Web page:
Elton John and The Kinks, 1970

BG-256 Early Elton John poster from 1970. David Singer Kinks poster at Fillmore West November 12-15, 1970

David Singer


Elton John and The Kinks, Fillmore West, 1970


First-printing lithograph, Condition 9.8/10.0 CGC graded


Signed by David Singer


Framed: 26 1/4" tall x 19 5/8" wide





Close-up of frame at angle

Close-up of frame

Close-up of signature


This piece from David Singer incorporates the head and shoulder of Michelangelo’s statue of David with two floating faceted diamonds in the corner (the twin Davids appears to be looking at them) and one in the middle of the image. The classical style lent itself to the faux-marble ivory frame while the lettering is whimsical but legible, as demanded by Bill Graham by this period in time.



Following a mid-year tour of the United States in 1965, the American Federation of Musicians refused permits for The Kinks to appear in concerts there for the next four years, effectively cutting them off from the main market for rock music at the height of the British Invasion. Ray Davies recalls in his autobiography, "Some guy who worked for Dick Clark's TV show walked up to us and accused us of being late. Then he started making anti-British comments like "Just because the Beatles did it, every mop-topped, spotty-faced limey juvenile thinks he can come over here and make a career for himself," following which a punch was thrown and the AFM banned them.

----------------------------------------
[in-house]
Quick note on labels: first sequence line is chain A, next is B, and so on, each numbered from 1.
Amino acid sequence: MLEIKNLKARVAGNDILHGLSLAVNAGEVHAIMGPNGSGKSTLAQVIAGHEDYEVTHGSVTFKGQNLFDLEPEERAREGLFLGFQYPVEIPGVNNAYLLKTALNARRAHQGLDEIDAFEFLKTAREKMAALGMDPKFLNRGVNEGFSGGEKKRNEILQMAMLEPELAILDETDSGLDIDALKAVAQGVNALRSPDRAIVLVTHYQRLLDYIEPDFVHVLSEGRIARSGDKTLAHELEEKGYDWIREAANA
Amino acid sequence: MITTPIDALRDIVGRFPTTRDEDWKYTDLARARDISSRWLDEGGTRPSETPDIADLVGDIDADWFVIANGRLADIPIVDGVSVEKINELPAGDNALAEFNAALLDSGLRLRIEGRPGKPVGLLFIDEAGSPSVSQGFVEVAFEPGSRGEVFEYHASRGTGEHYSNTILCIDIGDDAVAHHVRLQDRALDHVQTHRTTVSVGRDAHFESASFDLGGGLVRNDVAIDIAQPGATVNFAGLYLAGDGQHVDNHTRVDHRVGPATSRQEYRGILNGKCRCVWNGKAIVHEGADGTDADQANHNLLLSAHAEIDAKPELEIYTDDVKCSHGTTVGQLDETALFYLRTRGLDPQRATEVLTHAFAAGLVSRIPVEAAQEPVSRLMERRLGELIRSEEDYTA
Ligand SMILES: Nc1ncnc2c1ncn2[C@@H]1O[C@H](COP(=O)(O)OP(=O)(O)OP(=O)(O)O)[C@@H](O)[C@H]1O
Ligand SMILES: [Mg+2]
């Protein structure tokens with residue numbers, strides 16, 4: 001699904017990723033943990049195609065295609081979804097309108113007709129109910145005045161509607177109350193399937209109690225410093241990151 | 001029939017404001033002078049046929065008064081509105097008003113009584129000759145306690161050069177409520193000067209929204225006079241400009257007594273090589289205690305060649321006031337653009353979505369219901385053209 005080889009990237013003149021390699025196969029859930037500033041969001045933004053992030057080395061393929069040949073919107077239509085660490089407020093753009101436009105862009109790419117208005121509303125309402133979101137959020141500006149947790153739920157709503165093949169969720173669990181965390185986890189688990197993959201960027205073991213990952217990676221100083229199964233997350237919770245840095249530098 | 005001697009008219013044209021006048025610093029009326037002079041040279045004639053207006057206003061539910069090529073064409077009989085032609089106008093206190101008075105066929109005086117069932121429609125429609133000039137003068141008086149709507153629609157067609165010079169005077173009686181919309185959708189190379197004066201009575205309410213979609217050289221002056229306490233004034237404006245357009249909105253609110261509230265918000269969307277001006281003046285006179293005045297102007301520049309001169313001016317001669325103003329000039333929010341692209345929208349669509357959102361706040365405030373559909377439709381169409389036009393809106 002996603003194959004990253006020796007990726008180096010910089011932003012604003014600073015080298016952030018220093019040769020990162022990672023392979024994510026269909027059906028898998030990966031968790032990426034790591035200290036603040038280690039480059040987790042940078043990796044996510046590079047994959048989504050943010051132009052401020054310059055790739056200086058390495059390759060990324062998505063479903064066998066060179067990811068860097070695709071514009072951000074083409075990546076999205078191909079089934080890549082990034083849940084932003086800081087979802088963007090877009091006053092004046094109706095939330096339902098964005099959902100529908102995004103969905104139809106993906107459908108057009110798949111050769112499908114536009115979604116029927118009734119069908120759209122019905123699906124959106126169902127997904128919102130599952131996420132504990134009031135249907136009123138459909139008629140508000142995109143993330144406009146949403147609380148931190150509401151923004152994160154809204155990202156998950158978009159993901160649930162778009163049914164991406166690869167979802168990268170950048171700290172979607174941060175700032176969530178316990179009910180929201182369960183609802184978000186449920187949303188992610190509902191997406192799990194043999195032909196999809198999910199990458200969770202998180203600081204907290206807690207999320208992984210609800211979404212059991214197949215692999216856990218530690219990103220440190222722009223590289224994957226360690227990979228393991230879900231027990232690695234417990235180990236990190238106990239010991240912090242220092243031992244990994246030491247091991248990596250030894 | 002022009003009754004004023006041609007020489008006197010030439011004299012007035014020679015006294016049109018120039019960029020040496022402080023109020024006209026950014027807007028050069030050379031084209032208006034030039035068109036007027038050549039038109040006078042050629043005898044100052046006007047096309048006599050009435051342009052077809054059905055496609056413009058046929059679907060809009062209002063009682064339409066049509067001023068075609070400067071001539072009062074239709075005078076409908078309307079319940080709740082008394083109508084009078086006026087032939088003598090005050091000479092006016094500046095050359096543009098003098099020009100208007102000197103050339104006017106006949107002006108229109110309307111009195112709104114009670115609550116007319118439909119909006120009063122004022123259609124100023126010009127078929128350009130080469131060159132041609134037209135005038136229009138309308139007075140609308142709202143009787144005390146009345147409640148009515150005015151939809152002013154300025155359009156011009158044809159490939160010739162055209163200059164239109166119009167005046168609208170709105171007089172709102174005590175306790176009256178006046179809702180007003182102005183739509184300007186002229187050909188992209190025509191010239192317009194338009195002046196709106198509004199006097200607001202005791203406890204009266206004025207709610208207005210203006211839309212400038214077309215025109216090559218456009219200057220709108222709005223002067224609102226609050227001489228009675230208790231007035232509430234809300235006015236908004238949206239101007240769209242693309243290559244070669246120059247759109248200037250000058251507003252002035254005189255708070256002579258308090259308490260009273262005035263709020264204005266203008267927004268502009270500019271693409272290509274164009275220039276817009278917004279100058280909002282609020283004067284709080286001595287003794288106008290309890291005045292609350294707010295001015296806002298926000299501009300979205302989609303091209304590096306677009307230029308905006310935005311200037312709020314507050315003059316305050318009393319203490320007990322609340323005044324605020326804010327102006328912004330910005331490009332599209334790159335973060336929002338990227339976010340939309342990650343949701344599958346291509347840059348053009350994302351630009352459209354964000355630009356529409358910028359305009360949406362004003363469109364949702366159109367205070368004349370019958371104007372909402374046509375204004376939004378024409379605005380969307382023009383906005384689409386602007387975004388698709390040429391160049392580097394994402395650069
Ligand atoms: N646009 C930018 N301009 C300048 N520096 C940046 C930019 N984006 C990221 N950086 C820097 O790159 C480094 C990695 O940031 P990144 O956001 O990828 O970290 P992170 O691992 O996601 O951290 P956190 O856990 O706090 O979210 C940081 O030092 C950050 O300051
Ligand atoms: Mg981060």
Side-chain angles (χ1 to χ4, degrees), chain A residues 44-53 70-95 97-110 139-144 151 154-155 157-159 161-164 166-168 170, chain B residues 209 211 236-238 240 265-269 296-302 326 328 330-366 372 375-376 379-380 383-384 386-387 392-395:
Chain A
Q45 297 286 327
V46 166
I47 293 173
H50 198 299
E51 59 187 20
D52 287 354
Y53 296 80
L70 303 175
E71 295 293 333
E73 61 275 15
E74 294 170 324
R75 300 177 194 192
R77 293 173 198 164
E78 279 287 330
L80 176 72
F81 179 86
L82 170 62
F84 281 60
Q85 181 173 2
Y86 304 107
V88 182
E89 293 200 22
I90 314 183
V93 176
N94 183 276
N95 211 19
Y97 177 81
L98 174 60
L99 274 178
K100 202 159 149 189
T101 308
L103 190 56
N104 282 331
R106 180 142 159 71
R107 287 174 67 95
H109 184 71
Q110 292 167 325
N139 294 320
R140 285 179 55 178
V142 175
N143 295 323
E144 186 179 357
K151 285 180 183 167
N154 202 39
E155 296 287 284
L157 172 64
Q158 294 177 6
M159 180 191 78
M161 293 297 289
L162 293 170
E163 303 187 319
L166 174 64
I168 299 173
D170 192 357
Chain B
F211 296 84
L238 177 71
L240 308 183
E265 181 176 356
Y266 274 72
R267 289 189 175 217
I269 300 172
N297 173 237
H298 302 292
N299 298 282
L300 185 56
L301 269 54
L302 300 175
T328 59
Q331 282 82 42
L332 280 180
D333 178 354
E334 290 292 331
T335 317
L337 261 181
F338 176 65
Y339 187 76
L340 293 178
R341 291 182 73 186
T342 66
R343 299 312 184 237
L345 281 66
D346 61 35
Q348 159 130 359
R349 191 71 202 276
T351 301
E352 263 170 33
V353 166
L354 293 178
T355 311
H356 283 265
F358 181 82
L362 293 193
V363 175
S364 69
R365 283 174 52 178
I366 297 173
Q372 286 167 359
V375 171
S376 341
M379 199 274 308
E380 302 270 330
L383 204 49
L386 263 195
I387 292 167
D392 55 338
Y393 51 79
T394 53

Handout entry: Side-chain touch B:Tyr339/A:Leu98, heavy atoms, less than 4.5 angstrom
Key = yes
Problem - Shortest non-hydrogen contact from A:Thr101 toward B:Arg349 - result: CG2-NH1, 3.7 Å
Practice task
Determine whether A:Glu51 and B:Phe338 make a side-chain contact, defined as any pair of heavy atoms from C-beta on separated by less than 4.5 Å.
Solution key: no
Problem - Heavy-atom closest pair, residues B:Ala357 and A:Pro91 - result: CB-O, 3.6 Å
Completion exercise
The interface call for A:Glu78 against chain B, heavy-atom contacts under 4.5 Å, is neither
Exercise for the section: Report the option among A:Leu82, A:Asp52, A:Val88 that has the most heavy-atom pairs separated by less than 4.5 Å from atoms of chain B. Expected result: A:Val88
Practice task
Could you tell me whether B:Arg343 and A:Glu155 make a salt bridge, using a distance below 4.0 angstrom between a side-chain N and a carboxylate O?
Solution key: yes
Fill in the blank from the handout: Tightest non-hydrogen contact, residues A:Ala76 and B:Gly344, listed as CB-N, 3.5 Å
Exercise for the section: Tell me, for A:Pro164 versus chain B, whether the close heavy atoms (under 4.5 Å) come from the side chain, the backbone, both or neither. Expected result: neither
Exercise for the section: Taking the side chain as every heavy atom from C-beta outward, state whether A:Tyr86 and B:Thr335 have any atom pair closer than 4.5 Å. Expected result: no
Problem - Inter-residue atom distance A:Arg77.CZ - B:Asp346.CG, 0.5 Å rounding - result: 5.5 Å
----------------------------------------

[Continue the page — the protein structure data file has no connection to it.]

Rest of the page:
The Kinks didn’t perform again in the U.S. until the Fall of 1969 and by then they had largely passed from the scene and many dates on that tour were cancelled. But in mid-1970 the Kinks released “Lola,” a top ten hit, and the accompanying album, “Lola Versus Powerman” was released in November 1970. They were riding the success of “Lola” into San Francisco for this mid-November set of shows.


Elton John was just coming of musical age in 1970. His breakthrough was Border Song, released in April followed by the huge hit, “Your Song,” released in late October as part of the Tumbleweed Connection album, which went to #5 in the U.S. The live album “11–17–70” was recorded at a live show aired from A&R Studios on WABC-FM in New York City just two days after the shows advertised on this poster!



According to New York DJ Dave Herman, Elton John cut his hand at some point during the performance, and by the end of the show, the piano keys were covered with blood. John has stated in several interviews that he believes that this recording to be his best live performance. These shows at the Fillmore West immediately preceding the live recording in NY must have been something to see and hear.

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